Lauren Archer recounts the accident with amazing clarity and humor.
Lagging behind the main group of cyclists heading toward the Don CeSar, she didn’t notice the uneven patch of cement just before the drawbridge on the westernmost span of the Pinellas Bayway.
Wondering why the St. Pete Bike Club group had left her behind on that beautiful Sunday morning in February 2011, she remembers checking the speedometer on her Eddy Merckx road bike. It clocked her at about 22 mph.
That’s when the narrow front tire on the bike hit the rough cement, the handlebars wrenched out of Archer’s hands, and she took flight. She did not have a soft landing.
Archer recently recounted the accident and its frustrating aftermath on another beautiful Sunday morning, almost three years later.
We were at the dog park at Crescent Lake Park, near Archer’s St. Petersburg home, and started to chat, as strangers often do while their dogs play.
I’m nosy. I ask questions. She had a brace on her arm. Had she had an accident?
Had she ever.
Archer’s story is about far more than that horrific crash. It’s what happens when life knocks you down, stands on your back and laughs as you try to get up.
Like so many Americans who have been victims of our near-Depression, the 46-year-old Archer is having to reinvent her life and her identity; in her case, it’s not because of a layoff but because of an accident that almost amputated her left arm.
Archer is a plastic and reconstructive surgeon. She moved from Ohio to Pinellas in 2006 to join Advanced Dermatology and Cosmetic Surgery’s Largo office and operate at All Children’s Hospital, St. Joseph’s Hospital in Tampa and Largo Medical Center.
Until the accident, Archer performed major surgeries, including breast and facial reconstructions and pediatric plastic surgery. About 70 percent of her practice was reconstructive surgery, which is often lengthy and grueling.
Now, her arm is still not 100 percent and is likely as improved as it will get, limiting her reach and endurance as a surgeon.
Archer works part-time and does plastic surgery “light,” as she calls it: short office-based procedures, skin cancer removals, Botox injections for cosmetic improvement and laser and chemical skin resurfacing.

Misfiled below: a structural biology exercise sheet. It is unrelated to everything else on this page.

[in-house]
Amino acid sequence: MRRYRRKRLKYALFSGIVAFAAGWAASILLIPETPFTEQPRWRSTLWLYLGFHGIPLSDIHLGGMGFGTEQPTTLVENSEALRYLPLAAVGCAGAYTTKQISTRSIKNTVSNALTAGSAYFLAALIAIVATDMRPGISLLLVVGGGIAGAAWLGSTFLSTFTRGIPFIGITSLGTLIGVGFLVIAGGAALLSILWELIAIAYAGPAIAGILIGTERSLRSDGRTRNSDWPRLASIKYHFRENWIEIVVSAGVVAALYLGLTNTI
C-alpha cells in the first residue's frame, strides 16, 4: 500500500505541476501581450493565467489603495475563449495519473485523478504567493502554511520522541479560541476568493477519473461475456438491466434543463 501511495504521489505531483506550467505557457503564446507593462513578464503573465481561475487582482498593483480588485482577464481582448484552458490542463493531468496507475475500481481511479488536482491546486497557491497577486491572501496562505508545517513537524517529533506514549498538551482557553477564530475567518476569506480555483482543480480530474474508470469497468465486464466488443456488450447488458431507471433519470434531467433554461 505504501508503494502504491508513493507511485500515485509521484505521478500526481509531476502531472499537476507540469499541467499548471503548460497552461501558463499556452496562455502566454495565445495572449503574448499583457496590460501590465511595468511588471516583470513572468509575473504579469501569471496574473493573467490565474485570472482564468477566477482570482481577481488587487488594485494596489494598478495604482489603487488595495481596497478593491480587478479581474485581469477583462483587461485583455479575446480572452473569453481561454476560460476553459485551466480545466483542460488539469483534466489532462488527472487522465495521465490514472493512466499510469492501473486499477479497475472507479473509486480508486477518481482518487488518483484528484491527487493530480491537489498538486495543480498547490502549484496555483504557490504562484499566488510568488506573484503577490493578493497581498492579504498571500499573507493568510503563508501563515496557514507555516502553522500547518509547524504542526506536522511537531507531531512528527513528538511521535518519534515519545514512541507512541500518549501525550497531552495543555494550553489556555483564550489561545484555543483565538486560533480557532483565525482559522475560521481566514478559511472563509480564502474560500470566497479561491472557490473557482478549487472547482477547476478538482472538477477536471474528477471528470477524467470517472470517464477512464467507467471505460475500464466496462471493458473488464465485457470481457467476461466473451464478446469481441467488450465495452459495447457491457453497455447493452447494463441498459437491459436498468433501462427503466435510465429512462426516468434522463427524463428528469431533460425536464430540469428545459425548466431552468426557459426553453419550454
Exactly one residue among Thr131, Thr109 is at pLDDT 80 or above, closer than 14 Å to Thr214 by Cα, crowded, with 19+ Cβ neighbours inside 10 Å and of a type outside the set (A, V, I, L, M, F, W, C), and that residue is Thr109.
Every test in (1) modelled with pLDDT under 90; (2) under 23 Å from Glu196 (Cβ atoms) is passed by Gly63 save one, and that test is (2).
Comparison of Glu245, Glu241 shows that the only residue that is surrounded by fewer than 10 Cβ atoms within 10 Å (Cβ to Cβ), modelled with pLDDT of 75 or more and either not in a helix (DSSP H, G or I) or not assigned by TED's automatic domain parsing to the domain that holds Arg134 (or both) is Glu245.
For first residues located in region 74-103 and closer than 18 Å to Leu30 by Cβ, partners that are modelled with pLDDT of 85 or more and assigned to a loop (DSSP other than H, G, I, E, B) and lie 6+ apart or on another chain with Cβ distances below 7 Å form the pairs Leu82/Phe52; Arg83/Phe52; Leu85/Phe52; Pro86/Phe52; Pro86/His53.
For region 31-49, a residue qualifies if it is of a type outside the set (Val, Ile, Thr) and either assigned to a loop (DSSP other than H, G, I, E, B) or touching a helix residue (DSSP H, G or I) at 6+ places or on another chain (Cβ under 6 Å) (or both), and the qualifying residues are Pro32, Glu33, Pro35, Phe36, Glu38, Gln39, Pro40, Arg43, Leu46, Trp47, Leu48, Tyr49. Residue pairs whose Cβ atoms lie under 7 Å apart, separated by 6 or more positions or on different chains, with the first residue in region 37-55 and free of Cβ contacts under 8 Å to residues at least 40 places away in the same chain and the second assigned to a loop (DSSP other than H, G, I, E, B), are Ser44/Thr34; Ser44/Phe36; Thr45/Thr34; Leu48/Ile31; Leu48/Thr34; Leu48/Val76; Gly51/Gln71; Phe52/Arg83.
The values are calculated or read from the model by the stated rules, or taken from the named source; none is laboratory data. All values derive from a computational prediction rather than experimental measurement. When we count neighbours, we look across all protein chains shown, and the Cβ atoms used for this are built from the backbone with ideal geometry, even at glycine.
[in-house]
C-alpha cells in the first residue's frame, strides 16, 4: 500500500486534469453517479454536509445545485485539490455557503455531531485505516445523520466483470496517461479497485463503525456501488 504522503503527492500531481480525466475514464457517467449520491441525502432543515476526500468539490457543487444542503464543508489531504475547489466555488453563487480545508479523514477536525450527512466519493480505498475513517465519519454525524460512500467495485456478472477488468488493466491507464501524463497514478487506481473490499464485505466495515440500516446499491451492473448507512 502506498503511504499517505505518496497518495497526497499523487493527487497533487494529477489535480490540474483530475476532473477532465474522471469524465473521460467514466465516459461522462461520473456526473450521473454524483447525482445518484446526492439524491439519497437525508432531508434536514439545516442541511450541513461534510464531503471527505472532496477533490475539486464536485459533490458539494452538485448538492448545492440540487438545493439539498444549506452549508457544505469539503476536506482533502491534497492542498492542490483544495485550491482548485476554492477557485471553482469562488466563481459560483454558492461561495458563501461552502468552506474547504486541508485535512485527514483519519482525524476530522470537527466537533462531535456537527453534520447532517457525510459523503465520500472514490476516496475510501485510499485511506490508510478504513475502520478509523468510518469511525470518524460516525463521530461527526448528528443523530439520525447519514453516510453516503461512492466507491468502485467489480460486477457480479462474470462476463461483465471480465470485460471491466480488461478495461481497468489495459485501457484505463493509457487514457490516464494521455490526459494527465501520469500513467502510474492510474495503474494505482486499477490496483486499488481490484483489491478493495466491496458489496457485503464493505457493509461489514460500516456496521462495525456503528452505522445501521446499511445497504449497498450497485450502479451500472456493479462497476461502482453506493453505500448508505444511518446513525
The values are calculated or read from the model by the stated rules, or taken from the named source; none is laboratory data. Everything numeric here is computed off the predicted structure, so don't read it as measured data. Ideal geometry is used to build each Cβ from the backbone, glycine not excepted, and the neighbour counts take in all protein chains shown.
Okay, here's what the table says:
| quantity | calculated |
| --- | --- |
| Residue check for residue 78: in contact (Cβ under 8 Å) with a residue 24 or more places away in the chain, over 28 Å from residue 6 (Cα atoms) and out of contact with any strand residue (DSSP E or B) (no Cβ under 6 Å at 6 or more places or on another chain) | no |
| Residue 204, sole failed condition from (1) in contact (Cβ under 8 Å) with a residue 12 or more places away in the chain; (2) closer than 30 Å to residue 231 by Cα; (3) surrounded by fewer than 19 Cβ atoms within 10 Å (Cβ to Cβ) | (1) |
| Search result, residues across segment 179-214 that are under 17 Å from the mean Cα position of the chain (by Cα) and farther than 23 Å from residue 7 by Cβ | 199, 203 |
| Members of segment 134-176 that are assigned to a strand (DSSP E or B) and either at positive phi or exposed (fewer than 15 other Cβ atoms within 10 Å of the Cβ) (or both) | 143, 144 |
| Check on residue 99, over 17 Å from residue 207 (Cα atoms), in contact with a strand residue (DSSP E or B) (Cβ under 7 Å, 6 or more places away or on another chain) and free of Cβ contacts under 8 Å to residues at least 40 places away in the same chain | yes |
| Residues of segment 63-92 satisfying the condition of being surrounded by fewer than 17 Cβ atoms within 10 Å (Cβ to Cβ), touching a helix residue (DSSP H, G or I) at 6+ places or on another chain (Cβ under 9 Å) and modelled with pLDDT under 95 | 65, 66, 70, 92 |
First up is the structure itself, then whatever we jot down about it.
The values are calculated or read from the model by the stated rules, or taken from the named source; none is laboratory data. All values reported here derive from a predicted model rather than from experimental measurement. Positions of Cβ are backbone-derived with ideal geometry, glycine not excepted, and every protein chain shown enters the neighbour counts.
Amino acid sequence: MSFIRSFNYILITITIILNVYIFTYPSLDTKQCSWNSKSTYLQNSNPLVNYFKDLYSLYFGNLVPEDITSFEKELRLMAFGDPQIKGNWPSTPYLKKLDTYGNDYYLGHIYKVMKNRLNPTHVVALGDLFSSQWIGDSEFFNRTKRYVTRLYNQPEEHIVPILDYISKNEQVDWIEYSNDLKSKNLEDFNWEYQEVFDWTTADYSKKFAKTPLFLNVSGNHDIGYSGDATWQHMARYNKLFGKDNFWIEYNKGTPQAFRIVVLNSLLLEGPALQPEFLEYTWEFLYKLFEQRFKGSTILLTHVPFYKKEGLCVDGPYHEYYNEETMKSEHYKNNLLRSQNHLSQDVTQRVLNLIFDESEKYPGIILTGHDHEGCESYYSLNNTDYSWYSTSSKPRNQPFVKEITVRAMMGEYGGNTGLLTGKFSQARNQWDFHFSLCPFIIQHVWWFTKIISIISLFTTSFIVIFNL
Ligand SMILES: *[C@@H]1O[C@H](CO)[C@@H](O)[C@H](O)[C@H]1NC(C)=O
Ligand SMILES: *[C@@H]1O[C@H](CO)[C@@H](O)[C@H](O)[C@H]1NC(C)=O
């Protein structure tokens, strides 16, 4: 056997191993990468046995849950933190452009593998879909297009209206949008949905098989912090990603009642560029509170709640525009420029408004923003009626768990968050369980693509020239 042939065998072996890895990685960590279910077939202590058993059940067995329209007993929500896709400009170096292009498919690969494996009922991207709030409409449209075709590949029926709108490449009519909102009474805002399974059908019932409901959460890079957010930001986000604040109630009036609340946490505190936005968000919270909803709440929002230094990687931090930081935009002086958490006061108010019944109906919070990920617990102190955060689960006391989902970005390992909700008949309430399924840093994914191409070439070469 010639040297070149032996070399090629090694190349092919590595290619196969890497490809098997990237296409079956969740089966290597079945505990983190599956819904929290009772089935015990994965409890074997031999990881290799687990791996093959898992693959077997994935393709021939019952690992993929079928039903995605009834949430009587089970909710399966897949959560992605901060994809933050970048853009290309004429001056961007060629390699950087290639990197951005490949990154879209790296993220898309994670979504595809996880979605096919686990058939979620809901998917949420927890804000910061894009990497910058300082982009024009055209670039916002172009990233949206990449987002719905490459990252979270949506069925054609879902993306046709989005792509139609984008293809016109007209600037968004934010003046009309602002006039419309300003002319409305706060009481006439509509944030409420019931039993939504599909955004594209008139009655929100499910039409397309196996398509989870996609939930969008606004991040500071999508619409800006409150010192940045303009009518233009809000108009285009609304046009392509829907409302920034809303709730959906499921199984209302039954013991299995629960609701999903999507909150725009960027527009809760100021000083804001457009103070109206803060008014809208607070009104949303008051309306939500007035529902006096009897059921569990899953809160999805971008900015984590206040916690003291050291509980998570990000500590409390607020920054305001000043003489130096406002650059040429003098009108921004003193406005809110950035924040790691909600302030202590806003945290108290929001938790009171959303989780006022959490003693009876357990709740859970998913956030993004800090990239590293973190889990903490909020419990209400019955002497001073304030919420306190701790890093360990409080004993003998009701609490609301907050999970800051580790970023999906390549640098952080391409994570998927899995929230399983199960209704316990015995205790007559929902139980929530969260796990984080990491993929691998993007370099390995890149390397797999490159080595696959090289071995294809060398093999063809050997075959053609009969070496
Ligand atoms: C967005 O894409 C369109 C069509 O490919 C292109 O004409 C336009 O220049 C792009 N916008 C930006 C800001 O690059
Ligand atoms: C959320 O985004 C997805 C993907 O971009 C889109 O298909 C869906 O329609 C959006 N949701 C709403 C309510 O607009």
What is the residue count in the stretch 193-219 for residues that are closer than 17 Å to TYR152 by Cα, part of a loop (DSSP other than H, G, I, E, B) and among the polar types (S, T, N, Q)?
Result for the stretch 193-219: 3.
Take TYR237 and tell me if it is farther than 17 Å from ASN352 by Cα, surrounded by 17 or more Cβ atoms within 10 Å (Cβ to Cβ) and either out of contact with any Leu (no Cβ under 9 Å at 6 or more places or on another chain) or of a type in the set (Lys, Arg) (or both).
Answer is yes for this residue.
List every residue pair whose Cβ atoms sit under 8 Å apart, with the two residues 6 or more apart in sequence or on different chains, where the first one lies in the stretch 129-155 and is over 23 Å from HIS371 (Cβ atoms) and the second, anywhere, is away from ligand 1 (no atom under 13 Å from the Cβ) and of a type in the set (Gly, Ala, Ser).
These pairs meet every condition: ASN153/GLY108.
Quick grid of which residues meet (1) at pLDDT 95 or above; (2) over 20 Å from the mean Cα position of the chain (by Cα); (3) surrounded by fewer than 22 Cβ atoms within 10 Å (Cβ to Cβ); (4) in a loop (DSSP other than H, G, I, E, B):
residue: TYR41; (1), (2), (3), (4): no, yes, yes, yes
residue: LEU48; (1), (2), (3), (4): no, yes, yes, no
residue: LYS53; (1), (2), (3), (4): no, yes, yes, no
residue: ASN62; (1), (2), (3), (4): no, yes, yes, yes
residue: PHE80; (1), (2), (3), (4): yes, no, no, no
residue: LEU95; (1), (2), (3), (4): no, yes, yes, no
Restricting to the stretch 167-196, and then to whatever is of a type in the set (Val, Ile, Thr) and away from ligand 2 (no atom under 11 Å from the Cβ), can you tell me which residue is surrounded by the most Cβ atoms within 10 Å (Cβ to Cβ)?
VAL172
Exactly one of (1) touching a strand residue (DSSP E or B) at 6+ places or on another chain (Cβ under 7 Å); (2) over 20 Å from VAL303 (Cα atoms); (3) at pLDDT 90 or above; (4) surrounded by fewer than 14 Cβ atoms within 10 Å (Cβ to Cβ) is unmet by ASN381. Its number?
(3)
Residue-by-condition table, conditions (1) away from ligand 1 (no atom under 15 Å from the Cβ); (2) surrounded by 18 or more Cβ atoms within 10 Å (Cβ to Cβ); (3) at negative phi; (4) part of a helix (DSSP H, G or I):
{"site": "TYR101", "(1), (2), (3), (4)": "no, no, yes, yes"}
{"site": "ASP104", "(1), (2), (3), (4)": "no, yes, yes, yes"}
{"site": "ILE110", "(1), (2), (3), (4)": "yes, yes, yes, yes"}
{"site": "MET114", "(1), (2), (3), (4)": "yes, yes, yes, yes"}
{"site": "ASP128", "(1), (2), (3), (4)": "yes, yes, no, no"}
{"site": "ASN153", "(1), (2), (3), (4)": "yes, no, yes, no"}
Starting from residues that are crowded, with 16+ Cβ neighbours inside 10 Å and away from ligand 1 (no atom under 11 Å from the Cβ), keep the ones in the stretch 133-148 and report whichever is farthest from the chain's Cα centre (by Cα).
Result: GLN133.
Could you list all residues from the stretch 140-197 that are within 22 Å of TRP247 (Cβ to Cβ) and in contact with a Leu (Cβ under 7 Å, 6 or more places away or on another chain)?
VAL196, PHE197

She’s happy she can still help people, but this isn’t the way it was supposed to be. And the tantalizing dream of full recovery has, in a way, kept her stuck.
“If the arm was gone, I could have moved on.”
But it wasn’t. And hope does, indeed, spring eternal.
She had found the perfect career after devoting 17 long years — and sacrificing even the idea of a family because of the demands of medicine — before being able to grab the brass ring.
It took Archer that long to accomplish her goal, partly because her goals kept changing, she said with a laugh. But she had an epiphany while tailing a plastic surgeon after she had finished her surgical residency at the University of Cincinnati.
Surgery was great, she said. But plastic surgery was where she belonged.
After spending her childhood in Massachusetts, Archer went to the University of Vermont as a freshman and ended up going to medical school there. She joined the Naval Reserves, completed an internship in surgery at the Naval Medical Center in Bethesda, Md., and for five years was a physician in the Navy.
In Florida, she loved the weather, she loved the work.
After her initial recovery from the trauma, Archer was relieved and thankful to be alive and have her arm. Then, for a while, she sank into a deep depression.
Now, she’s working part-time, still cycling about 100 miles a week (though not on the Eddy Merckx because of “bad karma”), still undergoing physical and occupational therapy.
But she’s grappling with uncertainty. The support from other physicians in her medical group has been phenomenal. She knows, though, that her limited role can’t last forever
“I had everything,” she said. “Life was perfect.”
“My wings have been clipped.”
She’s concluded that there must be something else she’s destined to do and chooses to look at what happened as an opportunity
“I’m trying to find the new normal,” she said.
“This story is unfinished. I had one epiphany. I’m sure there will be another.”